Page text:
Garrogin hadn’t touched his dishes at all.

‘You have had a lively time of it,’ he observed.

‘It’s never a dull job,’ I agreed. ‘Though to be fair, it’s not usually quite that exciting.’

Lord Garrogin nodded thoughtfully, and at last — at last — he selected some small morsel of something from his plate and consumed it with ponderous slowness. ‘What drew you to the Society?’ he asked, looking at Jay.

The question came a bit out of the blue, so I could not blame Jay for looking a trifle startled. But he answered quickly. ‘It’s legendary, for one thing. Everyone here is really committed to the preservation of our magickal heritage, and… well, without Milady and her recruits, we’d have lost a lot of irreplaceable things by now. That’s more important to me than anything. And then my parents both worked here, before I was born. They always had great stories to tell. I never really wanted anything else.’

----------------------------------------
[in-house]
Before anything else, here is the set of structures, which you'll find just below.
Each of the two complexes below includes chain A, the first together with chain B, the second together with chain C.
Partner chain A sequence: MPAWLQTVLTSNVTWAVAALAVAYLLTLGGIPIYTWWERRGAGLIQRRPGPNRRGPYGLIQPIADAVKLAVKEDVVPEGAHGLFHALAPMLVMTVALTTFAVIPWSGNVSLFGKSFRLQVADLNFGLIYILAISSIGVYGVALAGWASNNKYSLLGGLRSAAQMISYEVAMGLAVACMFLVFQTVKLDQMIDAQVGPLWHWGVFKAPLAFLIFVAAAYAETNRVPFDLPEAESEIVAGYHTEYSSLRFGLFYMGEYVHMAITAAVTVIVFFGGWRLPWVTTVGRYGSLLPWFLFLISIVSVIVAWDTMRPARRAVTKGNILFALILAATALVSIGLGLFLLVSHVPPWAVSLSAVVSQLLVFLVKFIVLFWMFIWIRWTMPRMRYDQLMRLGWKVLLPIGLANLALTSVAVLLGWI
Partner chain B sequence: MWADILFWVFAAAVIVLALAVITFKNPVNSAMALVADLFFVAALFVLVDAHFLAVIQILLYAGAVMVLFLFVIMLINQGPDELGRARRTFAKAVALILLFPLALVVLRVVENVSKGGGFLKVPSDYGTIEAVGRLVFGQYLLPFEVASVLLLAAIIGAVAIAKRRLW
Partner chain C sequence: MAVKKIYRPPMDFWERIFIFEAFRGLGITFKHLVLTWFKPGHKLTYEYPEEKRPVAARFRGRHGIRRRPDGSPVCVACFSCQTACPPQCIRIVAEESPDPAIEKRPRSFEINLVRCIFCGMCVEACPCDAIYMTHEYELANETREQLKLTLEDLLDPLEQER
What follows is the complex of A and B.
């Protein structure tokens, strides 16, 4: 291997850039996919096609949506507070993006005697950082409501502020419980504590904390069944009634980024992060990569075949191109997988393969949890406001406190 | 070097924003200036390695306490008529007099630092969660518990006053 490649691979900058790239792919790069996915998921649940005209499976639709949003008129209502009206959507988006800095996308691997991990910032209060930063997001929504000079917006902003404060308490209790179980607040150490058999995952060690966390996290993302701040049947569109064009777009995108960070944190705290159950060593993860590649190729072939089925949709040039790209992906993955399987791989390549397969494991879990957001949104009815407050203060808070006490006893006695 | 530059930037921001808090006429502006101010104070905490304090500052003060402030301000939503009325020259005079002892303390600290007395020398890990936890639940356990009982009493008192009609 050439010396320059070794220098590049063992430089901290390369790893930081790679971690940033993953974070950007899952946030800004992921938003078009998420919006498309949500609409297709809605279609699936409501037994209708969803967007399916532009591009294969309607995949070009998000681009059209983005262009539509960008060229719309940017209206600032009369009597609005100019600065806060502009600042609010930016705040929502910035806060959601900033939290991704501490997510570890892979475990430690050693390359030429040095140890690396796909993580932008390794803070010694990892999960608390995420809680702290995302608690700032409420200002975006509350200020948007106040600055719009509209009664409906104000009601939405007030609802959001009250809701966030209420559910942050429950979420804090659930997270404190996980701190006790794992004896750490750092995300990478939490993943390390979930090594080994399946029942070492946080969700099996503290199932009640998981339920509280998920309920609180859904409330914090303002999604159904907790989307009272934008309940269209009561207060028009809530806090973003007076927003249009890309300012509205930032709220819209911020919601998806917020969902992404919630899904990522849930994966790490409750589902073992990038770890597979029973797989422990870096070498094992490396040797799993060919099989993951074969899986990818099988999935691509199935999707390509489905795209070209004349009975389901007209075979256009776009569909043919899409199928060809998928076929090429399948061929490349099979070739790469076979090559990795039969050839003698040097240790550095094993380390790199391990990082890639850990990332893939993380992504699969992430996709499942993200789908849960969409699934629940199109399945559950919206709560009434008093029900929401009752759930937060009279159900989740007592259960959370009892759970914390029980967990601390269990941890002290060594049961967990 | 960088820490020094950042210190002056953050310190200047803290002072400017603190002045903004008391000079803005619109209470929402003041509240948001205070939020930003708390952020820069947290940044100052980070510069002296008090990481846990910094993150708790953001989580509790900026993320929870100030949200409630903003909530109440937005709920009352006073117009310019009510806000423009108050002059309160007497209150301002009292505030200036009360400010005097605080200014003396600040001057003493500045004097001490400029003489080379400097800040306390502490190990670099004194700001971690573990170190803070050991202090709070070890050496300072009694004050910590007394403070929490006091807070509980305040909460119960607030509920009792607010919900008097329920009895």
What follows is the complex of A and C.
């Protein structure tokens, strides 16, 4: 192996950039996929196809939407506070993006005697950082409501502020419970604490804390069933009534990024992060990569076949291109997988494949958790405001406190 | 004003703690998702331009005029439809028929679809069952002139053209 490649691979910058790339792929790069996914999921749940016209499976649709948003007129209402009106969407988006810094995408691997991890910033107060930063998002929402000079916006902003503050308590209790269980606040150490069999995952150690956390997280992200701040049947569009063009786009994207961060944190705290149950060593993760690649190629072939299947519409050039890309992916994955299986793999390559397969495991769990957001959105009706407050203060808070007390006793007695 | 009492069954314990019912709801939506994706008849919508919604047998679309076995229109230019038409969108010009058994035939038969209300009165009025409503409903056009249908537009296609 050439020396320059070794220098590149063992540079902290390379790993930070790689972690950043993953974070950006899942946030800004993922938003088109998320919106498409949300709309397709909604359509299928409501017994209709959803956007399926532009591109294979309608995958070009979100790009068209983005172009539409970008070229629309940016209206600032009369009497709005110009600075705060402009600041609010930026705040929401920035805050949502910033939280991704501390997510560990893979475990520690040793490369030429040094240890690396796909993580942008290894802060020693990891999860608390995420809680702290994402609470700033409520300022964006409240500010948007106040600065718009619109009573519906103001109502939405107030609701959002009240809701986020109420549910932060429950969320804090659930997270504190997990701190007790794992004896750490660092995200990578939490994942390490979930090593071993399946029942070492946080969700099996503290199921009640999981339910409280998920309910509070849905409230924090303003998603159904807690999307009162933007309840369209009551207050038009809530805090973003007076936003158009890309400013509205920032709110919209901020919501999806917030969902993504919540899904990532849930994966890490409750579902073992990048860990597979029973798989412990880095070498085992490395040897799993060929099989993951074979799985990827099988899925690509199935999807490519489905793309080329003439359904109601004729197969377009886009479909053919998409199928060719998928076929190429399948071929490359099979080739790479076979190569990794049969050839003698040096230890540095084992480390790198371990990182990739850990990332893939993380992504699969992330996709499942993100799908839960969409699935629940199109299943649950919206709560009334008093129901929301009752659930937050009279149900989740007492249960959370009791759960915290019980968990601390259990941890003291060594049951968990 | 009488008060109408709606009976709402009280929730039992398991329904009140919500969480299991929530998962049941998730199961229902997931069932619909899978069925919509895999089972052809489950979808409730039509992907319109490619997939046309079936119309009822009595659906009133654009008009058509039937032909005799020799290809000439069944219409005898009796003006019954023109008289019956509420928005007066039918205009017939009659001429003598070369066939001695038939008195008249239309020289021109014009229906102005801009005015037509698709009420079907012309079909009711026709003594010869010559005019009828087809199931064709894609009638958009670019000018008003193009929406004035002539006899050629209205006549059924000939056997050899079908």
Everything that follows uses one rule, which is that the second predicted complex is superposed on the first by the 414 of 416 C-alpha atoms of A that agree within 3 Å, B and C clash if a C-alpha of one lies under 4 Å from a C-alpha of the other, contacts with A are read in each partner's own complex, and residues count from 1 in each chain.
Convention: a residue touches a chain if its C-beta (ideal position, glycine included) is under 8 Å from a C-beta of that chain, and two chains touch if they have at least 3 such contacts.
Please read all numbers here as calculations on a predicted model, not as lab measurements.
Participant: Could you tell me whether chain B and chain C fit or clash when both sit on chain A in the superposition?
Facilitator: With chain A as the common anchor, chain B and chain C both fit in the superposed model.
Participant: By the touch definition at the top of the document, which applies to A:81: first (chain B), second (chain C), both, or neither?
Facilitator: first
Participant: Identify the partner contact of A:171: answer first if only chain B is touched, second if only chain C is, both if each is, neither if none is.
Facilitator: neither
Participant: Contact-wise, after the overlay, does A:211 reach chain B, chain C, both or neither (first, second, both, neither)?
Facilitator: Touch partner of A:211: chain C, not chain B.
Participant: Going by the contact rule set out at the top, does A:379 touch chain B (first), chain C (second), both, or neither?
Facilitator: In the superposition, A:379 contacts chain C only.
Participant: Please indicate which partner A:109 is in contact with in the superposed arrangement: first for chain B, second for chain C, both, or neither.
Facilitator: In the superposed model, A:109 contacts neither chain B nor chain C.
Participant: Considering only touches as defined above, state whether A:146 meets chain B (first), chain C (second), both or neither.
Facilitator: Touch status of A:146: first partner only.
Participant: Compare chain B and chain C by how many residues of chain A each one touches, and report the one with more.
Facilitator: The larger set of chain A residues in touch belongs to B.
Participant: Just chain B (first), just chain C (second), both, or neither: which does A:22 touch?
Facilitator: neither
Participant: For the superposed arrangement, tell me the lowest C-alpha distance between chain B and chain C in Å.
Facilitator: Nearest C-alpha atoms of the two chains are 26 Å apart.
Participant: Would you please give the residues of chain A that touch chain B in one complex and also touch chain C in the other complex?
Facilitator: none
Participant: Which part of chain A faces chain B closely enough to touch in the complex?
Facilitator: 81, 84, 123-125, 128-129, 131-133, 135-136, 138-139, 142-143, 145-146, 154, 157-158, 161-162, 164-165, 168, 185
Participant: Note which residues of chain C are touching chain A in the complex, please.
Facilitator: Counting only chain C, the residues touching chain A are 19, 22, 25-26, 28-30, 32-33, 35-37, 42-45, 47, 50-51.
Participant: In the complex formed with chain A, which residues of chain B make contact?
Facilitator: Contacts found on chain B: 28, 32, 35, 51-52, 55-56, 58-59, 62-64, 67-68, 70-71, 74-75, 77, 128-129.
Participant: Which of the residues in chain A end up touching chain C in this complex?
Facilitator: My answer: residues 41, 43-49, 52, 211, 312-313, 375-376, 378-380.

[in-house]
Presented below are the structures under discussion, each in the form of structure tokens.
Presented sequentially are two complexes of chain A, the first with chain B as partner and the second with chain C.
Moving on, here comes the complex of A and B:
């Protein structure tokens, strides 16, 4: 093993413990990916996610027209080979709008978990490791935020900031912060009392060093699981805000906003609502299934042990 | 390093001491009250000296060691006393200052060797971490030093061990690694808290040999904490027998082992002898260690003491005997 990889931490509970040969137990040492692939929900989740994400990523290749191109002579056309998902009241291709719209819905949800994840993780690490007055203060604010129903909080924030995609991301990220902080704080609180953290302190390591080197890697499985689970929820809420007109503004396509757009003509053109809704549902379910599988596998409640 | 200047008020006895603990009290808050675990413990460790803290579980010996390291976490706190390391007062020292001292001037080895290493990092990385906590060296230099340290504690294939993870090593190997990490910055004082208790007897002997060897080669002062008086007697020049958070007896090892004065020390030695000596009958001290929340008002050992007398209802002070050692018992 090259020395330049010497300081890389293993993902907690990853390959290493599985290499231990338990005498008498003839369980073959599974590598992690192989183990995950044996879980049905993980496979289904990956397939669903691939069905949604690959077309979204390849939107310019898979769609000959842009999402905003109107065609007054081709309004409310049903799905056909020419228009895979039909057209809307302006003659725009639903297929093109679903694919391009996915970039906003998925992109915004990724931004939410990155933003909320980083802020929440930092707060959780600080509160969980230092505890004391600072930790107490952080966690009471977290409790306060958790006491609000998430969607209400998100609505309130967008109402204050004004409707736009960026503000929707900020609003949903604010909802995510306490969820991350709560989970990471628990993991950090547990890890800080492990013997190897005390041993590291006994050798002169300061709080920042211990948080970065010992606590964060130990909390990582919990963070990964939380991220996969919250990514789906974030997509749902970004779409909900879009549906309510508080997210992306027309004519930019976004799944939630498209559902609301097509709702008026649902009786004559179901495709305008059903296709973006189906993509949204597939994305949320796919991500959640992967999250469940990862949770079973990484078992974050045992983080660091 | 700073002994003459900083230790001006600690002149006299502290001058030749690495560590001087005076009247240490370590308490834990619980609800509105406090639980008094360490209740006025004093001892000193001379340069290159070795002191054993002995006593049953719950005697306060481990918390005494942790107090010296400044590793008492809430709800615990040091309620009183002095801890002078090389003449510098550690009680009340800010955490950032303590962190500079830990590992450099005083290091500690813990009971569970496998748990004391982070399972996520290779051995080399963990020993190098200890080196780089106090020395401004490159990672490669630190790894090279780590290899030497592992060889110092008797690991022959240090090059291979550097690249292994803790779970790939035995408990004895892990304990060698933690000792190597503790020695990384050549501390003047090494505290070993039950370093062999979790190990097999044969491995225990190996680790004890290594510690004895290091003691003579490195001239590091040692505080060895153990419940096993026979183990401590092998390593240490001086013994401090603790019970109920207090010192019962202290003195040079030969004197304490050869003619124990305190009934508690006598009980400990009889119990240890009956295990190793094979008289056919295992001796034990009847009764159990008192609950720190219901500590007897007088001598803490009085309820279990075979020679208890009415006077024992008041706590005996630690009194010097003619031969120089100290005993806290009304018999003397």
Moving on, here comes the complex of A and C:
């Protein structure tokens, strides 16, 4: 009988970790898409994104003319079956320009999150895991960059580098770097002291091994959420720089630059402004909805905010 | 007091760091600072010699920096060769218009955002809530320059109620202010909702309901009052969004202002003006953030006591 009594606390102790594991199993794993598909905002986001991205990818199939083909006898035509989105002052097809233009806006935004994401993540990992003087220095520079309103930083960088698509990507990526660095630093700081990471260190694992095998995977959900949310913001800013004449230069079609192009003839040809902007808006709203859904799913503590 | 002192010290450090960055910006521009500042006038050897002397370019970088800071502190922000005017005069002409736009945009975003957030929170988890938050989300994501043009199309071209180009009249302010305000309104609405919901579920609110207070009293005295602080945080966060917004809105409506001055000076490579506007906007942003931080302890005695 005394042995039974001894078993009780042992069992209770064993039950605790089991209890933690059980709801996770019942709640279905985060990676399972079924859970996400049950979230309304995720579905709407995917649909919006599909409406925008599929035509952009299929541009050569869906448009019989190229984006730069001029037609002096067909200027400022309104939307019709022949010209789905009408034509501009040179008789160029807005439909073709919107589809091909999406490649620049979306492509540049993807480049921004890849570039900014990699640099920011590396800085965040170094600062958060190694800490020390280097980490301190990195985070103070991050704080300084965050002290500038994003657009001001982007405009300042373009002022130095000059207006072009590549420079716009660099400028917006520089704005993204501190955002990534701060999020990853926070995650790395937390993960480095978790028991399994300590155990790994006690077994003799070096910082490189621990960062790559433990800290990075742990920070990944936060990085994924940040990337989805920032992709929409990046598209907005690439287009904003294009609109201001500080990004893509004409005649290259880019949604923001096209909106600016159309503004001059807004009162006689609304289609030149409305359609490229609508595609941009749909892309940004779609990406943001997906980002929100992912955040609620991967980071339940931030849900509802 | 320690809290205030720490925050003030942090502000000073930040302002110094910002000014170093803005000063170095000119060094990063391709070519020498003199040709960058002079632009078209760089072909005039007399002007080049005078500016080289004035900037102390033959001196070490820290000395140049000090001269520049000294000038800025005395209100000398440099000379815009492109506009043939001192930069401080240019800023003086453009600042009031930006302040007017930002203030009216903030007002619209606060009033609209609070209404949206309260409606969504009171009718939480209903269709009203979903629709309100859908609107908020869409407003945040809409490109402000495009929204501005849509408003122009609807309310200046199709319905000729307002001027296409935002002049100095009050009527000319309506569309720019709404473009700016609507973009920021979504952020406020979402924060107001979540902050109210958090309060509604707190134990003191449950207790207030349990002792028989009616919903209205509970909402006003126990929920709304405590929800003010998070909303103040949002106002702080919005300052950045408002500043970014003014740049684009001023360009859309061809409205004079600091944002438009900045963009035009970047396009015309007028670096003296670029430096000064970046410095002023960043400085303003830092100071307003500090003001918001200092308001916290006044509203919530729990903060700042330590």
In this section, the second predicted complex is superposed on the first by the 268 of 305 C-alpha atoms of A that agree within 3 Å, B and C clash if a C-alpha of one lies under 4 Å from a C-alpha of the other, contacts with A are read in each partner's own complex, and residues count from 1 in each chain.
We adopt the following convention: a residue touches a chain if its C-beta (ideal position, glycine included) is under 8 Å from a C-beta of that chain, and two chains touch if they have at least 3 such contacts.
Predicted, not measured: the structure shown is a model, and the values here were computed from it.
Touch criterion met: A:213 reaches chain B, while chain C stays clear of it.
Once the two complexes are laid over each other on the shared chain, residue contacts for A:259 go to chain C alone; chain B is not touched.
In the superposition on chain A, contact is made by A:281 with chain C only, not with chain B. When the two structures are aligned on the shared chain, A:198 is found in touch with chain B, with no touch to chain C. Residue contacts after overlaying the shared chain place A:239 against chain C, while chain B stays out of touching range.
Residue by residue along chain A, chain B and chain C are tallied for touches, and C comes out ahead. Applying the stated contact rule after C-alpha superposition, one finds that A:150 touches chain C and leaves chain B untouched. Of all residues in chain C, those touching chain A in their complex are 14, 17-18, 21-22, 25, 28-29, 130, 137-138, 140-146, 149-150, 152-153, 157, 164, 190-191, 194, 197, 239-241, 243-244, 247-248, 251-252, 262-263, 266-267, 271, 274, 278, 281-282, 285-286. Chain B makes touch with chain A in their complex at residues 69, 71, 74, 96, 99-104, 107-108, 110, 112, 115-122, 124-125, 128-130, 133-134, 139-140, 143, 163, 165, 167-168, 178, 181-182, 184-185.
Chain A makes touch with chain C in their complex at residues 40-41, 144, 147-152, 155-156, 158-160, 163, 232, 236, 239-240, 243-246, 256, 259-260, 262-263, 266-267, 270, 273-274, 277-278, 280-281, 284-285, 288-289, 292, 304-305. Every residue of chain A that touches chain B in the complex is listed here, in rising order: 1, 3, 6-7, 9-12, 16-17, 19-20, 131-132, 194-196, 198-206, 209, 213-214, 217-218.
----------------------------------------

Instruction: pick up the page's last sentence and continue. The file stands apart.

That interested me, for I’d never heard that Jay’s mother and father had been employees here. But Garrogin did not seem disposed to follow up that line of enquiry. Instead he said, with probably deceptive blandness, ‘Not even for a much higher salary?’

‘The Society pays as much as I need,’ said Jay.

Garrogin nodded, and turned his sharp blue gaze upon me. ‘And why do you stay, Cordelia?’

‘It’s Ves,’ I said. ‘Cordelia makes me feel like a porcelain doll. I stay for all the reasons Jay just said. There is nothing more important I could do with my time and my skills, is there? And I love the variety, the challenge… no two days are ever the same. I once regretted not being assigned to the Library, but much as I love books and research, I’d probably be getting bored by now.’